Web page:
Nitrogen Binding Plants and Winter Soil

Winter soil.

Written by David S.

Late Fall, Winter, and early Spring are the times to focus on soil health around your garden and throughout your landscaping beds and containers. Many plants go dormant as soon as the weather turns chilly. However, that does not necessarily mean that the plants are fully asleep. Most plants still have active root systems that are busy expanding in the moist soil and looking for nutrients and water. 

As gardeners and landscapers, we should also focus on soil health. This blog addresses nitrogen-binding plants and how they impact winter soil. 

What are Nitrogen Binding Plants?

A nitrogen-binding plant has a special relationship with a particular segment of soil biota. They form a symbiotic relationship, and the tiny organisms help change nitrogen trapped in the soil into a usable form of nitrogen that the plant can uptake when its dormancy ends. The plants that have this relationship are also the plants that we call cover crop plants. They include legumes such as peas, clovers, beans, etc.

Winter Soil

Now that the heat of summer has passed, we get into winter soil. It is wetter, colder, and often spent. However, winter is an excellent time to focus on rebuilding soil health. Even though the weather is a little colder, the soil in most Southern California locations is more alive than it was during the summer. 

The root system uses mainly phosphorous and potassium during the winter. In the spring, when plants begin to leaf out, they need more nitrogen. Winter is an excellent time to focus on helping build nitrogen levels up in the soil. The plants are not using it, but they will need it when it comes to spring, and the plants begin to awake, 

An easy way to build nitrogen in the soil is to plant nitrogen-fixing plants. Those include:

  • Clovers – Red clover is one of the best clover plants to consider. Its beautiful green leaves and red blooms will also attract pollinators. 
  • Peas – Sweat peas, snow peas, vetch, and snap peas are all excellent choices. Sweat peas, which will bloom in the spring, are an excellent plant to add to containers. They will perk up the level of nitrogen in the container as they grow. If you have a heavy feeder, such as tomato, plant a few garden peas or sweat peas in the pot with it. They will work to add usable nitrogen to the tomato plant. 
  • Beans – Fava beans are an excellent choice for beans that grow in winter. Plant fava bean seeds about four inches apart. They will make a fist-sized root ball. As they grow, they will fix nitrogen. In the spring, cut the plants down and turn the plant cuttings into the soil.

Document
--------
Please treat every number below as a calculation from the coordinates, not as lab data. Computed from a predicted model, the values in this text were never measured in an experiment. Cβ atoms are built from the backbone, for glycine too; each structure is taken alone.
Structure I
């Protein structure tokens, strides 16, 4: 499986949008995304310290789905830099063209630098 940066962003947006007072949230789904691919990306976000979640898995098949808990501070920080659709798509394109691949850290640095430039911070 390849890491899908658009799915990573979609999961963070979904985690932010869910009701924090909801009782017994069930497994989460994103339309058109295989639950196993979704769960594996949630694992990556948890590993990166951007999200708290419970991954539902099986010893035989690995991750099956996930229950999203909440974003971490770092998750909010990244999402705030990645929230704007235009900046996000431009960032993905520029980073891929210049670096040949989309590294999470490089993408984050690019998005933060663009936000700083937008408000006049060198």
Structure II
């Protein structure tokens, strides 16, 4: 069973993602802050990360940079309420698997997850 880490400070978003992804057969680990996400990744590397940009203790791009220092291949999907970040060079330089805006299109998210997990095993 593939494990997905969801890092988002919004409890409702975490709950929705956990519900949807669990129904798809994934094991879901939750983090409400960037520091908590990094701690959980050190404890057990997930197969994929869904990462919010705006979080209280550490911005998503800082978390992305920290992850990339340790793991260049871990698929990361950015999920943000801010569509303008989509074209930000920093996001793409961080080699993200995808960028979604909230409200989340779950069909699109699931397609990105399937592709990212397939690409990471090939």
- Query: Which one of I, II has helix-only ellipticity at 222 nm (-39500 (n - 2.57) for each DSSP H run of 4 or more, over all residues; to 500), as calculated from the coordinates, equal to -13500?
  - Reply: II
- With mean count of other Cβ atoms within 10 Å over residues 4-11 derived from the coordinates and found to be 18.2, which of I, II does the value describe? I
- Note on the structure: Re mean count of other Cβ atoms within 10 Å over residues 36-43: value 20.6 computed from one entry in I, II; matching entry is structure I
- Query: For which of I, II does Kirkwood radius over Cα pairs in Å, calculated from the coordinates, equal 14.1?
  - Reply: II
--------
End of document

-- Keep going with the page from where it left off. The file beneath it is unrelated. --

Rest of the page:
The roots are where the nitrogen nodules are and where you will find the most usable nitrogen. That is why we dig the roots into the soil. The root ball will break down, and as it does, it will release nitrogen. The stems and leaves also contain nitrogen, and that is why we dig those into the soil as well. When cutting fava beans, cut them into small pieces so they will decompose faster. 

Cover Crops

Cover crops are crops that you plant on fallow land. Planting a cover crop in fallow land works because as the cover crop grows, it adds nitrogen to the soil. In winter, you can use peas as a cover crop to revitalize the soil while some other things are growing. Then, in the spring, dig the cover into the ground. We also call cover crops green manure. At the same time, there is no animal byproduct in green manure. It gets its name because it is so rich in nitrogen. 

Clover is an excellent plant for cover crops. Clover is in the pea family but does a beautiful job fixing nitrogen in the soil.

Helping Nitrogen-Fixing Plants Thrive 

One of the critical ingredients in fixing nitrogen is air. The air we breathe is mostly nitrogen. Aerating the soil allows more air to circulate into the soil, which means nitrogen-fixing organisms have access to more nitrogen. It is the airborne nitrogen that these organisms change. 

Aerating the soil is not difficult. There are tools that you can run over the ground, and they will aerate it. We see these used a lot in lawn care. Lawn aerators are available and affordable. You can also use a pitchfork or digging fork to add air to the soil. These are handy tools if there are plants in the area. 

Poor Soil 

If your soil is poor, you can use nitrogen-fixing plants to improve the nutrient load. In addition, it is a good idea to add a bioactive product where the soil is poor. Doing so will help boost soil biota and improve soil health. 

Bioactive products contain soil biota, including those that help to fix nitrogen in the soil. For example, suppose you have poor soil considering using both nitrogen fixing plants along with a bioactive product. For nitrogen-fixing plants to do their job, they need soil biota to help convert nitrogen from the air into a form of nitrogen that the plants can use. 

Nitrogen-fixing plants are a valuable tool for improving soil health. There are many plants that fix nitrogen in the soil, and most if not all are in the legume family -peas and beans. Thanks to the diversity of these plants, there are enough varieties that you can find one or more that will grow during any season of the year. 

It is helpful to use a garden journal to track where and when and what you’ve planted. Also, remember that nitrogen-fixing plants are good options when you take out heavy feeders, such as garden tomatoes. They will help replenish the nitrogen in the soil and may also provide a crop. 

Please stop into any of our five Southern California Green Thumb Nursery locations and browse the nitrogen-fixing plants. You can also chat with our garden experts about improving the nutrient levels in your garden or landscaping soil. 

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